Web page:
Iran did not apologise to the Americans for taking their diplomats hostage for more than a year either, and when it comes to these topics the peoples of the two countries can react faster and ahead of their governments.

Despite these sensitivities, steps have had to be taken to improve relations. However, after almost a year in power Rouhani’s choice of head of mission for the Iranian delegation at the UN has turned out to be someone who had sat with the hostage-takers for pictures.

Hamid AbuTalebi, whom Iran describes as a high-profile diplomat, is associated for Americans with terrorism and being involved in the hostage crisis. “It does not matter if he was a terrorist or not or whether you call his group “terrorist.” The fact is he has been involved in wrongdoing against the United States and by law and the United States has the right to exclude him for reasons of national security,” commented ambassador John Limbert, a former US diplomat who was held hostage in Iran in 1980.

The United States has strongly condemned Iran choice’s for the UN mission and asked for a replacement, but Iran has rejected withdrawing AbuTalebi’s nomination.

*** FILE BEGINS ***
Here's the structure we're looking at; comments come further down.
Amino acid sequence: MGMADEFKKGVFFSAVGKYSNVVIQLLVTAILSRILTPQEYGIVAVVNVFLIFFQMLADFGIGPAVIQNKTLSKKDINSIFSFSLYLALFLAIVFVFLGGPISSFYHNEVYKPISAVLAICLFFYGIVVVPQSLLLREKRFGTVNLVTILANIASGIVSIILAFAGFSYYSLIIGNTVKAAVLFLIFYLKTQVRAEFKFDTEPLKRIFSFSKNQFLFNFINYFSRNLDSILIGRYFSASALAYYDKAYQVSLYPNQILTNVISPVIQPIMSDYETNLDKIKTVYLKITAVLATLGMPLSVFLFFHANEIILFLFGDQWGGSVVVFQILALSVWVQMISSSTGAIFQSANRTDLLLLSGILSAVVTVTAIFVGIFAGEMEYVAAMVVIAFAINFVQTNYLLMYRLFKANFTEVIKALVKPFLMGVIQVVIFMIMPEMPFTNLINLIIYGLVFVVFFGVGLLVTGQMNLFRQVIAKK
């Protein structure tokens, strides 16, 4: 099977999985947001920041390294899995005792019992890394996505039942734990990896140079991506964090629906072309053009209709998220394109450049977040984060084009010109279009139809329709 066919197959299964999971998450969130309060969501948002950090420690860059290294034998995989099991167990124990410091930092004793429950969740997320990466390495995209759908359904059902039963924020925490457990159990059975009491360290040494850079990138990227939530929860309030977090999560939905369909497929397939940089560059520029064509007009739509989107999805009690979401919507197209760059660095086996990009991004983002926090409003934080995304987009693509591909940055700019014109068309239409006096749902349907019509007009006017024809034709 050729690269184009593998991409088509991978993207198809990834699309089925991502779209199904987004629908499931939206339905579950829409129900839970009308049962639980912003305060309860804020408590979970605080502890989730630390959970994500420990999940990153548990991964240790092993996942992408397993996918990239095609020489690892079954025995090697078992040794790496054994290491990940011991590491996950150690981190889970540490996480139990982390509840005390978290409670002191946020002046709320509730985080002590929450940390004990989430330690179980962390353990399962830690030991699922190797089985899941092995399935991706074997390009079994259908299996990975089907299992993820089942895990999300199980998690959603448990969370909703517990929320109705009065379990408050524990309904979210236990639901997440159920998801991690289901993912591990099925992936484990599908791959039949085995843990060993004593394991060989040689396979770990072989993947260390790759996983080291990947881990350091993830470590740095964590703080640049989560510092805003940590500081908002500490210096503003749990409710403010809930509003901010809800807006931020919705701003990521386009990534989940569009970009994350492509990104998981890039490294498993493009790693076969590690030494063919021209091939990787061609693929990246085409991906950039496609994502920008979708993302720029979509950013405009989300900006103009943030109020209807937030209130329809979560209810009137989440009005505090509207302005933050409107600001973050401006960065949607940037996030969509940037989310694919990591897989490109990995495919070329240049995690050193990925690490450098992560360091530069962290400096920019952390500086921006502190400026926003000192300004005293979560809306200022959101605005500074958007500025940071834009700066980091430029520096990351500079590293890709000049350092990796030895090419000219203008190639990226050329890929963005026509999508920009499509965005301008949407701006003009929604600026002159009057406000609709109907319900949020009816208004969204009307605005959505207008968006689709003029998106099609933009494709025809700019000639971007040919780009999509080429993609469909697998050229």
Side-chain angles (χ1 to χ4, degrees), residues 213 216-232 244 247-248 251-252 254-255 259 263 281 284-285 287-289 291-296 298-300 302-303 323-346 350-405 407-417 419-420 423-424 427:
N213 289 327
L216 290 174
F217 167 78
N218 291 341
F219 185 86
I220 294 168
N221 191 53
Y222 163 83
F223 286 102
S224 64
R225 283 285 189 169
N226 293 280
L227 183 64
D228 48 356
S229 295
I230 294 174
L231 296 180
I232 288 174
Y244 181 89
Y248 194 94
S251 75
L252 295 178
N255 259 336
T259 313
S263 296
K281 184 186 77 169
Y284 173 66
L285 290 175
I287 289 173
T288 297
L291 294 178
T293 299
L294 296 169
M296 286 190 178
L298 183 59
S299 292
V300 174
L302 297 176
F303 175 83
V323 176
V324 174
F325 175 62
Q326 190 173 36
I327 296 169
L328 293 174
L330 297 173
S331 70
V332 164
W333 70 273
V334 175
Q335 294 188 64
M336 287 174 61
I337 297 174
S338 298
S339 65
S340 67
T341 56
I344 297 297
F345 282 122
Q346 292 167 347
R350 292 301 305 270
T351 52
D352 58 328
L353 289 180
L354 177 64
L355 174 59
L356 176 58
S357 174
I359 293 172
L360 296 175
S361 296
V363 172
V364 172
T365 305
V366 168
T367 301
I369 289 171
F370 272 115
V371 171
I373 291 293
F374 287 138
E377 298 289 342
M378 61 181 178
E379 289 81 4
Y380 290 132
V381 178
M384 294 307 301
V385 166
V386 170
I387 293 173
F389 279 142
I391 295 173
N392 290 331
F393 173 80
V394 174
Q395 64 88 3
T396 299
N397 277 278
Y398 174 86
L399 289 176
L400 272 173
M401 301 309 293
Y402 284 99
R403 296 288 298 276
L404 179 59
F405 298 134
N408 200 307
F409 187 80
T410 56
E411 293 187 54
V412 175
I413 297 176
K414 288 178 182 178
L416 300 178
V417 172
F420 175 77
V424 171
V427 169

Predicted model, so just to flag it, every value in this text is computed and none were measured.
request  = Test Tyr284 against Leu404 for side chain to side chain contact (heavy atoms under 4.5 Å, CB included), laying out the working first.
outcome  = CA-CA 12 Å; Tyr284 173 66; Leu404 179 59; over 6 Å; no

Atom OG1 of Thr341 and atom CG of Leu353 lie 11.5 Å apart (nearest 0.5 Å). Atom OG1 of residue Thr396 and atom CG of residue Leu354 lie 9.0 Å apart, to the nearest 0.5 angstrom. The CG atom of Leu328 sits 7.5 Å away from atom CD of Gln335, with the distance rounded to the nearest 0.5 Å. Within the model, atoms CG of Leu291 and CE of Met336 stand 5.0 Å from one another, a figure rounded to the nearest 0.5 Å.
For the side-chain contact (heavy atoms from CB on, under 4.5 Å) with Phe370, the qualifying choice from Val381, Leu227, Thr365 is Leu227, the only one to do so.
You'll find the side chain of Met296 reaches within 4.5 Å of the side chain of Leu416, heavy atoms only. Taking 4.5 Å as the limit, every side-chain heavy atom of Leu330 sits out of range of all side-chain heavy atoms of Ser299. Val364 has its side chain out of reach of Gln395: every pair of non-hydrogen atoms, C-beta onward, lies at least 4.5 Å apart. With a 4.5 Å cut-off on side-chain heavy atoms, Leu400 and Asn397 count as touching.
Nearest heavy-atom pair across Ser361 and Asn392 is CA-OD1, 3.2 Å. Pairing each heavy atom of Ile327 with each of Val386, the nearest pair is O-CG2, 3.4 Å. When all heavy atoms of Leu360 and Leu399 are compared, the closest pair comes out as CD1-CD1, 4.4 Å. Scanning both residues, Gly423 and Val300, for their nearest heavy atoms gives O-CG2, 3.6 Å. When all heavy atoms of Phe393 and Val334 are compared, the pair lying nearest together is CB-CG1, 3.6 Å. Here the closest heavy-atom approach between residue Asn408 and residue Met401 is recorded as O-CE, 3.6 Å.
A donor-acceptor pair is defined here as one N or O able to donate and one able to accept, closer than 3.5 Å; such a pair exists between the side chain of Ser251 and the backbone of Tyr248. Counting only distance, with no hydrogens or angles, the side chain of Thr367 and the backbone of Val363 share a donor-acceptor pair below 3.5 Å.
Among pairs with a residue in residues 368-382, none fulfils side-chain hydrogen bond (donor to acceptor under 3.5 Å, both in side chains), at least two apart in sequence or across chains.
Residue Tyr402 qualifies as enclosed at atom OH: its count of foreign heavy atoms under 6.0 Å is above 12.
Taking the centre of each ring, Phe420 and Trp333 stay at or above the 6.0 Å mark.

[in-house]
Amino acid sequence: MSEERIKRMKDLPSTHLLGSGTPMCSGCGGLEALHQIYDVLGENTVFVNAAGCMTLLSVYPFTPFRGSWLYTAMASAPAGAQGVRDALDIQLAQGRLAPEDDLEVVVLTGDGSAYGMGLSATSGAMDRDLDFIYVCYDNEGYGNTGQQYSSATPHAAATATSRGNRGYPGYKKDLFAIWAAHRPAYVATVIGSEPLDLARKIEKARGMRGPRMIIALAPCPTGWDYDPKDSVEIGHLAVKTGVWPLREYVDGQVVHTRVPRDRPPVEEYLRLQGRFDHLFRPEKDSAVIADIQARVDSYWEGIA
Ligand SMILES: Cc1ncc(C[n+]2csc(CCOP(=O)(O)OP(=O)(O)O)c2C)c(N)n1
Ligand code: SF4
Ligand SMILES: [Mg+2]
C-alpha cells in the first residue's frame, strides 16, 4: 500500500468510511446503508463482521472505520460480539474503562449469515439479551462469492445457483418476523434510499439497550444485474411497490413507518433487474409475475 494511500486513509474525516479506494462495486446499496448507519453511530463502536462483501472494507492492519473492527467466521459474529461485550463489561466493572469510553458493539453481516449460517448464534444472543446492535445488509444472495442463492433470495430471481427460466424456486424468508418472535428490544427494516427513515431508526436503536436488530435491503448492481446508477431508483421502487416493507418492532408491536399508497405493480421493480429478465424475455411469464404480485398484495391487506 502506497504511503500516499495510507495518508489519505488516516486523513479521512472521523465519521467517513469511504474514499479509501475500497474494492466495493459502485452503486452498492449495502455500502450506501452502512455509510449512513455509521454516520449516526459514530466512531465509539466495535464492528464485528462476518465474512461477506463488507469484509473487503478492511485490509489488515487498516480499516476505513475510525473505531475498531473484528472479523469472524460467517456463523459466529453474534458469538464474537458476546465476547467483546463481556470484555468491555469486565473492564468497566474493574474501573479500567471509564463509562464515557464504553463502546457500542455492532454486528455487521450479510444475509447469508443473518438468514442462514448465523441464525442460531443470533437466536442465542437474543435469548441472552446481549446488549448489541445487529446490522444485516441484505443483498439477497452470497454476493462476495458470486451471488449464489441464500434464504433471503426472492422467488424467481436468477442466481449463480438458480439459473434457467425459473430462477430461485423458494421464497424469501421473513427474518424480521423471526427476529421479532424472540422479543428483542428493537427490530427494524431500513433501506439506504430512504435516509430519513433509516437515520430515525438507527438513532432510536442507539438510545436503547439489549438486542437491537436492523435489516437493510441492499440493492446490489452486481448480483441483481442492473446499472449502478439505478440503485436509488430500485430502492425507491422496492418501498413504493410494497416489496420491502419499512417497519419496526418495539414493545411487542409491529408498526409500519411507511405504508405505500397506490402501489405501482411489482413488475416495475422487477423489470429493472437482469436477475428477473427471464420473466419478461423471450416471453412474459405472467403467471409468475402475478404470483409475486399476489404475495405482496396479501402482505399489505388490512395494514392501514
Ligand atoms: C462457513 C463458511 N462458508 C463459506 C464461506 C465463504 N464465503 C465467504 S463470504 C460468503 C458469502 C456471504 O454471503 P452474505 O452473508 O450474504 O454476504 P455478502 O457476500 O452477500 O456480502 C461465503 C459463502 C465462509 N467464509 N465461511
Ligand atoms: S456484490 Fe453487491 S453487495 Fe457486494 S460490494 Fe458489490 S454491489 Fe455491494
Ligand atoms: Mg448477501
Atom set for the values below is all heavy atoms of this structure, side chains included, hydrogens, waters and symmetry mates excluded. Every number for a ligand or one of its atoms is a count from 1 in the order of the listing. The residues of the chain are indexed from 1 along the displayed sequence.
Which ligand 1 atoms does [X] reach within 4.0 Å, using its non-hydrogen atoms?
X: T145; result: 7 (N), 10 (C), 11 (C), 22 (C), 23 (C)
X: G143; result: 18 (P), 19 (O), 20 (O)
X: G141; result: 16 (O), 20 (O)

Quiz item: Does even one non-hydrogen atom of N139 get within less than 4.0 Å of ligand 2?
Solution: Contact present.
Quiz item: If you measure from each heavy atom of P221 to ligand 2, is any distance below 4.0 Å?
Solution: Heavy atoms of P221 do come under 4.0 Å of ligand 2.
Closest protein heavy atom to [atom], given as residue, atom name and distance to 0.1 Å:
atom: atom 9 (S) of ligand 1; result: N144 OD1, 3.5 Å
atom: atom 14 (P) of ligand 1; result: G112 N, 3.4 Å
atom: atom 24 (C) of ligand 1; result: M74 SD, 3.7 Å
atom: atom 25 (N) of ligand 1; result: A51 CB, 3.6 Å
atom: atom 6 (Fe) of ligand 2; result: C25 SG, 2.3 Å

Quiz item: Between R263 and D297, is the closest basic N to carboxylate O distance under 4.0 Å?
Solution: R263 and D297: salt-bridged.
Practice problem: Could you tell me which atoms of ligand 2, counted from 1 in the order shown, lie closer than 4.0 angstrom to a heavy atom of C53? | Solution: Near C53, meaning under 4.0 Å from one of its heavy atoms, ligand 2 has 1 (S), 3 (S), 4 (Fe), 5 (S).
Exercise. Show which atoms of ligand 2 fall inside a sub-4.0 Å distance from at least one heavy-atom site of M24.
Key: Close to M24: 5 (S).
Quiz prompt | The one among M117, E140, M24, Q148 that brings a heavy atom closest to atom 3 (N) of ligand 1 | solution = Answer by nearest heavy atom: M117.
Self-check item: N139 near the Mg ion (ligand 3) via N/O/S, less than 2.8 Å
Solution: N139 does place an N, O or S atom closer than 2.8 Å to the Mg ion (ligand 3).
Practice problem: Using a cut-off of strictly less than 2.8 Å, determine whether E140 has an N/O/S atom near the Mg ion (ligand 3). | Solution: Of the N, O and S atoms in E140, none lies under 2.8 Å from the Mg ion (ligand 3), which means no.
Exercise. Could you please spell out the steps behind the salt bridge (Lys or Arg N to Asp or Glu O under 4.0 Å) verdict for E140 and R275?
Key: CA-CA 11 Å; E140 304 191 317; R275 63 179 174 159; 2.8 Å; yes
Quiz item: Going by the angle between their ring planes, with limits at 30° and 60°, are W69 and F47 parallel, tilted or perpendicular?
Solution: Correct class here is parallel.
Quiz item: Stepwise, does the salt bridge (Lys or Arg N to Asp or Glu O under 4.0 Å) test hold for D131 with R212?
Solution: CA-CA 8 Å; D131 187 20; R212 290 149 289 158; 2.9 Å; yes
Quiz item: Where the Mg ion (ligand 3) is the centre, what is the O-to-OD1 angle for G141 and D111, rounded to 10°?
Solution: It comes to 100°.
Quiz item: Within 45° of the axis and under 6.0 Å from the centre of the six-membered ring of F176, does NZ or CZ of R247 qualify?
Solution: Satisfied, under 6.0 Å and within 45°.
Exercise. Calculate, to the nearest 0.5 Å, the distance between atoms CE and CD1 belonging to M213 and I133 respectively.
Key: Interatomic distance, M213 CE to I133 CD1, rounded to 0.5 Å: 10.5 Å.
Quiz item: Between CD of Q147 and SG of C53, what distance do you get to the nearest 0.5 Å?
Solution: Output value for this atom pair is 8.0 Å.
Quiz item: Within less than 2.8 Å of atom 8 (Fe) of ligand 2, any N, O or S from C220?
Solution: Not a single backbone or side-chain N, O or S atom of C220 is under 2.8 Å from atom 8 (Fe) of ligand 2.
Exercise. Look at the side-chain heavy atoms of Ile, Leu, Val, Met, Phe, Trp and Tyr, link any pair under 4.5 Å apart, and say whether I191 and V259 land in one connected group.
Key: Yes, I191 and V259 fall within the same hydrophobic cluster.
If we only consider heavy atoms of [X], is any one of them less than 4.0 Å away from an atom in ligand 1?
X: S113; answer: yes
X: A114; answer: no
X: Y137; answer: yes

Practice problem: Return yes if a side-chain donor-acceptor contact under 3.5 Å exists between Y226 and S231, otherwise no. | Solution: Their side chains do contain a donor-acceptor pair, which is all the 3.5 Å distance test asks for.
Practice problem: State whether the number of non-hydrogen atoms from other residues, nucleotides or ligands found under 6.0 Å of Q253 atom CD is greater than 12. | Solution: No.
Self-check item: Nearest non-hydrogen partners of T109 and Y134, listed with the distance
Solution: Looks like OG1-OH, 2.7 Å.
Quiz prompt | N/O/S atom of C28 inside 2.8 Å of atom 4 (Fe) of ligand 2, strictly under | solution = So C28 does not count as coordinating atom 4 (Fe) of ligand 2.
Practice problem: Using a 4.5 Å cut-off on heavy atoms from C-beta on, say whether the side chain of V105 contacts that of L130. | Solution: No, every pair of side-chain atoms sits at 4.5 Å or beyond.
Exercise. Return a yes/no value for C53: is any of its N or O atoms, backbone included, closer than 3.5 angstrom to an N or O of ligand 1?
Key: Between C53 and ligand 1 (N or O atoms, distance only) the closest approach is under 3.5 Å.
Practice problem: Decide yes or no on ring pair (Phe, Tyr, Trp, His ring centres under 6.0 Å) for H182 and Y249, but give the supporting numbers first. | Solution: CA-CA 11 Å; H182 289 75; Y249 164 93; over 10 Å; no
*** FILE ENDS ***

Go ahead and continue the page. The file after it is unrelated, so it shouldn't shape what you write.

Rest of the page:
The appointment has been a shock to the Obama administration and supporters of normalising relations with Iran. Rouhani was also elected on a platform of improving the country’s international relations and of course also its economy. 

These goals cannot be achieved if Iran does not change its tone towards the US and solve the nuclear dispute. The expectation was that Iran would seek to appoint a trustworthy person in New York to smooth relations between the two countries and engage with US lawmakers and officials.

However, many in the US have called AbuTalebi’s nomination a “provocation” and an assault on Americans. “No visa for Hamid AbuTalebi,” the Congress and finally the US president have said.

Iran has not given up, however, and has made an official complaint to the United Nations against the United States for refusing AbuTalebi’s visa.